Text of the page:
Induction hardening is a process that is used to harden, bonding or soften metals or other conductive materials.
The induction heating systems do not burn as traditional fossil fuels. Induction is a clean, non-polluting process that helps protect the environment.
In induction hardening the steels used usually contain a carbon percentage between 0.30% and 0.70% (“hypoeutectoid steels”).
This process is based on Faraday’s law implies that when an alternating current is applied to the primary of a transformer an electromagnetic field is created. When the secondary is introduced in this field an electric current is induced.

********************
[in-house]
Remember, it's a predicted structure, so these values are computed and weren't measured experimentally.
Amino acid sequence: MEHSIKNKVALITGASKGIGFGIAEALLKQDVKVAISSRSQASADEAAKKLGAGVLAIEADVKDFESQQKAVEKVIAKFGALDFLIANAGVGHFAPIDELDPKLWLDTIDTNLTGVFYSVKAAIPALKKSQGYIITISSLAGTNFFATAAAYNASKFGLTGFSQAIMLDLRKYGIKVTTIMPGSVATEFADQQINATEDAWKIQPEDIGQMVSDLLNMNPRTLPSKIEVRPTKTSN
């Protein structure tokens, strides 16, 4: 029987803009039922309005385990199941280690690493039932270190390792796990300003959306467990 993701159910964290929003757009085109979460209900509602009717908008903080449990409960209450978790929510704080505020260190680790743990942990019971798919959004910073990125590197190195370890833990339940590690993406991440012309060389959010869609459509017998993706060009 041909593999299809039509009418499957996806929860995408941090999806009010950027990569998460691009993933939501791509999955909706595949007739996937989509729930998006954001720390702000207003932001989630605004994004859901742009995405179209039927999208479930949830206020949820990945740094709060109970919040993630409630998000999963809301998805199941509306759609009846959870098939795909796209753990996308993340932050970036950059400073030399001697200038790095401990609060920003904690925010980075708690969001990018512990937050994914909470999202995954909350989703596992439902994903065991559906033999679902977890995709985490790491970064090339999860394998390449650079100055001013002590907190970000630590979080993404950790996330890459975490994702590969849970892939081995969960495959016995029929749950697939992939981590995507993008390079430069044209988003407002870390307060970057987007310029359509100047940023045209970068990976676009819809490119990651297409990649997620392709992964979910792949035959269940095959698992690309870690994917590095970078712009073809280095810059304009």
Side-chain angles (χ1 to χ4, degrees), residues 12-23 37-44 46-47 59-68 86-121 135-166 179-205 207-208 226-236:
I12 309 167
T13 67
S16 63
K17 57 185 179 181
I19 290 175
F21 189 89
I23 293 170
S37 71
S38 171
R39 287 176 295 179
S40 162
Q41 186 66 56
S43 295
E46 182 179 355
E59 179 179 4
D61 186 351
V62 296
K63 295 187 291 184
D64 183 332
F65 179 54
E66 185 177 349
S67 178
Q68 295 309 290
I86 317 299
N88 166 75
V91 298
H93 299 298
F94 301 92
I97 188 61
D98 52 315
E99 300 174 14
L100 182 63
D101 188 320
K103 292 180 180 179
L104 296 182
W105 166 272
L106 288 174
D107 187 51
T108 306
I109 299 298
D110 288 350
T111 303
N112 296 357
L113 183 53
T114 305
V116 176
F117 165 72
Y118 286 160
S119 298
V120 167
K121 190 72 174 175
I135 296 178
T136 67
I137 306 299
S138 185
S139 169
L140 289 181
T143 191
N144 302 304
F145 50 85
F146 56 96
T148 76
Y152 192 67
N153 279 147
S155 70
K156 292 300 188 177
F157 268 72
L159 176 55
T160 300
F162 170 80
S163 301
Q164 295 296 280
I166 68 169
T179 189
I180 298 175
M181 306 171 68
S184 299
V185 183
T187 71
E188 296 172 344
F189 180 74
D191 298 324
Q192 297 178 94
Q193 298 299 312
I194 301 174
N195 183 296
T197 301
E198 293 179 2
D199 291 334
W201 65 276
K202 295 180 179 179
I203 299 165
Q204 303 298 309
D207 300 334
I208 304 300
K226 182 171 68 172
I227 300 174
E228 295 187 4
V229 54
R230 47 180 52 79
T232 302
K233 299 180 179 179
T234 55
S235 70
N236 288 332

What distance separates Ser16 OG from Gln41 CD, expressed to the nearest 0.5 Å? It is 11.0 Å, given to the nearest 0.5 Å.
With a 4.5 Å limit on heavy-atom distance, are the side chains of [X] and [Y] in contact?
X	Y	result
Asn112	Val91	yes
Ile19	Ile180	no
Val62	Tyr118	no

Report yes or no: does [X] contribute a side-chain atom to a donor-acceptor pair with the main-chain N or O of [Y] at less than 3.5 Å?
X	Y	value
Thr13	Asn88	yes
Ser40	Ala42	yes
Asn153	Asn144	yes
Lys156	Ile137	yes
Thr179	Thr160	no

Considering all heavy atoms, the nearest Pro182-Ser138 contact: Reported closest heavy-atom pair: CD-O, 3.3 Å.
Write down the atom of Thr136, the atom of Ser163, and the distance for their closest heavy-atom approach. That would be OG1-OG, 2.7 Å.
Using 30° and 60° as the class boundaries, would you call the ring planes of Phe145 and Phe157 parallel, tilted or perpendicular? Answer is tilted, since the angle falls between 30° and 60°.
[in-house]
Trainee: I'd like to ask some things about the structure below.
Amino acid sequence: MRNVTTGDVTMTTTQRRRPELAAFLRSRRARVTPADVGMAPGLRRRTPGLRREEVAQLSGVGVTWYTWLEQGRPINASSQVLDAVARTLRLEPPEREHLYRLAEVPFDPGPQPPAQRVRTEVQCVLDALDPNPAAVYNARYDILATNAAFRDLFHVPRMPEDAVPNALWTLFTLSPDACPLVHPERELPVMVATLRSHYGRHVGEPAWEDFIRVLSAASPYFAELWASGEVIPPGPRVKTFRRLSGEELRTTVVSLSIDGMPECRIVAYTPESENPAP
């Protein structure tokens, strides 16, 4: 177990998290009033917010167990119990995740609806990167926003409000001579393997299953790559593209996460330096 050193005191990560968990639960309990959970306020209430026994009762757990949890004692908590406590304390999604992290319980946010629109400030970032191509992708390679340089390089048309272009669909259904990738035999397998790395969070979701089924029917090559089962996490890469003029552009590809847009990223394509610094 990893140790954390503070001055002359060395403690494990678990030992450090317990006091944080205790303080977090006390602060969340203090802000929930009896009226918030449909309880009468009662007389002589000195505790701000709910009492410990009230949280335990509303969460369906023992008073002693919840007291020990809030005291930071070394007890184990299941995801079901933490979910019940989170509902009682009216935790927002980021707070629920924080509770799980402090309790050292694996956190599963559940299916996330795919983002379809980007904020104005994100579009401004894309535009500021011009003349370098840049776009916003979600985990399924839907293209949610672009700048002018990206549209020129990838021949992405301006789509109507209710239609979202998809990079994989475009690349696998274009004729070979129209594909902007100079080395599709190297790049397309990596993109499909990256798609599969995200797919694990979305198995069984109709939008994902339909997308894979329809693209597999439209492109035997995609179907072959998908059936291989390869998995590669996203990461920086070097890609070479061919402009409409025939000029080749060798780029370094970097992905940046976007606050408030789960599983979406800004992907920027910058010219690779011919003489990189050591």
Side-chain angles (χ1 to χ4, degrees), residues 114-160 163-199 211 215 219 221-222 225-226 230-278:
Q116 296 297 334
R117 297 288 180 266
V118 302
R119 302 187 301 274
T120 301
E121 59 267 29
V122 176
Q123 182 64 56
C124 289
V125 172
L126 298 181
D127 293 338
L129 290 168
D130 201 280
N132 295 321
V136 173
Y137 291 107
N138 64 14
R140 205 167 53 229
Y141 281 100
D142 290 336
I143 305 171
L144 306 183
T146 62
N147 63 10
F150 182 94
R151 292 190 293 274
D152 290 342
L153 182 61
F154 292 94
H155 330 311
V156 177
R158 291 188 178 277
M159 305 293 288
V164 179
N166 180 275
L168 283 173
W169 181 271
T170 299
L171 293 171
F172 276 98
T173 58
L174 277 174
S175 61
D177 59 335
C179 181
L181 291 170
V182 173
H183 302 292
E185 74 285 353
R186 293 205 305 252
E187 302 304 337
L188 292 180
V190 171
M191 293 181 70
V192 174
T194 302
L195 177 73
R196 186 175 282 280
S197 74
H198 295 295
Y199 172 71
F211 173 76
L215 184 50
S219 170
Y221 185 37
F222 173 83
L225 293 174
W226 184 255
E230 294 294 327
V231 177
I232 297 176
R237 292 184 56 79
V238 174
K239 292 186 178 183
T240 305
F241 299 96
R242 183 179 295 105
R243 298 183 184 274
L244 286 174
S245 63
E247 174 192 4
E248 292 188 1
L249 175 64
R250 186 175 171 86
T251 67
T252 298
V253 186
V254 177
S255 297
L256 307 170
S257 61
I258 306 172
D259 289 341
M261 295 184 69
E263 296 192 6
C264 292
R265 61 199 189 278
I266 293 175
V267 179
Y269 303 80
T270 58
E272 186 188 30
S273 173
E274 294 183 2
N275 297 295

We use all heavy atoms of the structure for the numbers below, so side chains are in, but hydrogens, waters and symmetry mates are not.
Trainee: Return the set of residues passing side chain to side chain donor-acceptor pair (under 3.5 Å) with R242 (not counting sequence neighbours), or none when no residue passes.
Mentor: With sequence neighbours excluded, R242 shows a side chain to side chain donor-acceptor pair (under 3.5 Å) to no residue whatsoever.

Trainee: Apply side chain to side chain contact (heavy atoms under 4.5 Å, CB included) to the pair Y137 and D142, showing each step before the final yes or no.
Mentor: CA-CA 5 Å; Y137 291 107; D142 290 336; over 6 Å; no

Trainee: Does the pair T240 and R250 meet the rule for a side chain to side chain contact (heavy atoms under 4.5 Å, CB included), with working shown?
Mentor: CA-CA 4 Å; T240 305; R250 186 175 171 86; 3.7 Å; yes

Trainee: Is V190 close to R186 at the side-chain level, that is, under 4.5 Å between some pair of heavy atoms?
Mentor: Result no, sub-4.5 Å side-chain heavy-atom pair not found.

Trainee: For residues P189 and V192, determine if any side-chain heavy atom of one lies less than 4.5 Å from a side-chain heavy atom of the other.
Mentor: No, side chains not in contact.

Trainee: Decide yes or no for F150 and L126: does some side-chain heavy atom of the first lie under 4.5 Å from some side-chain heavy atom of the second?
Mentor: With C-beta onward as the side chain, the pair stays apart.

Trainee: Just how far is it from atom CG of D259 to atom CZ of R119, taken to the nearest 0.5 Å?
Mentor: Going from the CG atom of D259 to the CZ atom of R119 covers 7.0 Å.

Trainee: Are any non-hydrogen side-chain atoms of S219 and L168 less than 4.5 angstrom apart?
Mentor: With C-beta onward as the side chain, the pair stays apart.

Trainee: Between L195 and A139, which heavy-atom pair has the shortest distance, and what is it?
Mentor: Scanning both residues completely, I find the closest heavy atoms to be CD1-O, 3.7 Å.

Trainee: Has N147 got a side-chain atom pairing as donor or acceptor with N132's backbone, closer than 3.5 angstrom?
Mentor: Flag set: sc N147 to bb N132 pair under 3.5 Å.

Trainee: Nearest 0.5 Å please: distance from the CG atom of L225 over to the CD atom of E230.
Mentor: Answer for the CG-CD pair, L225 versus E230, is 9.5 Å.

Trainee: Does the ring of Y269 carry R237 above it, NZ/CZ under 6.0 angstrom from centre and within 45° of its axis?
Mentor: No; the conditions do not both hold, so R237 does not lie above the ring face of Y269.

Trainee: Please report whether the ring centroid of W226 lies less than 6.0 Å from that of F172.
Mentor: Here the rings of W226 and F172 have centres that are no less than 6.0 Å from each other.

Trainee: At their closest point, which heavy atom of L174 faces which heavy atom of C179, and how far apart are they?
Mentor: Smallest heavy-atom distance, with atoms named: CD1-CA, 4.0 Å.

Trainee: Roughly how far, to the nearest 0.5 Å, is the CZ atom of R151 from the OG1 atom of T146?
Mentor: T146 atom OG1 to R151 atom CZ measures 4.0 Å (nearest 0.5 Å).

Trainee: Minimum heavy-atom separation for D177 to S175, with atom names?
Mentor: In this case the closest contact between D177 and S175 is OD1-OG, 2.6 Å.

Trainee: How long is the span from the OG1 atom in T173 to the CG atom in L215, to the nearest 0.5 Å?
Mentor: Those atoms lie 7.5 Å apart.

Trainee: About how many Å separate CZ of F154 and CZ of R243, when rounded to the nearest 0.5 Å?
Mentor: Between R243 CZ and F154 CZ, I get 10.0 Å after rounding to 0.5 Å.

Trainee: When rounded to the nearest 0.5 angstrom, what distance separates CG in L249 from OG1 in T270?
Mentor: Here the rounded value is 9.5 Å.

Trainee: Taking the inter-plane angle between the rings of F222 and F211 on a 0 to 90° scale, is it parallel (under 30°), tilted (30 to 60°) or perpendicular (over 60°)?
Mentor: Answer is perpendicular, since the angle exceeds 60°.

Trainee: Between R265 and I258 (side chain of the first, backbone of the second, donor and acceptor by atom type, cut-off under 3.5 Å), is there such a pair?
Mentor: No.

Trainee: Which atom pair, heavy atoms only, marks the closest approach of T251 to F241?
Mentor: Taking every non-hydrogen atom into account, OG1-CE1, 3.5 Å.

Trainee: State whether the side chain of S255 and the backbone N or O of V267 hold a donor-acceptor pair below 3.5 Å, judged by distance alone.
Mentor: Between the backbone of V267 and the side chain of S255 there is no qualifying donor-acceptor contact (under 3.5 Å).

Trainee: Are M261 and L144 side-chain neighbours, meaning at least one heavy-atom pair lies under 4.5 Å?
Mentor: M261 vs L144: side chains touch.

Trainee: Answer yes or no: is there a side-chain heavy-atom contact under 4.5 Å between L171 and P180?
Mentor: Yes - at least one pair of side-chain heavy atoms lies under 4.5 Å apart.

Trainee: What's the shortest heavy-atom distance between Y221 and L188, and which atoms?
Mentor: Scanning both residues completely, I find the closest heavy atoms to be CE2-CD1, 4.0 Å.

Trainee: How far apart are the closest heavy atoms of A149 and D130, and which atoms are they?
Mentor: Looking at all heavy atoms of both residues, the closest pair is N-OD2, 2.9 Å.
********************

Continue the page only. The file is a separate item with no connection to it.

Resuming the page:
In a basic configuration of induction hardening, a power supply generates an alternating current through an inductor within which the part to be treated is placed. The inductor acts as the transformer primary and secondary circuit as the part. When the metal part is crossed by the magnetic field,”Foucault” currents are induced in them flowing against the electrical resistivity of this. This creates a localized and precise heat without direct contact between the part and the inductor. This effect occurs both magnetic parts as nonmagnetic and is known as the “Joule” effect.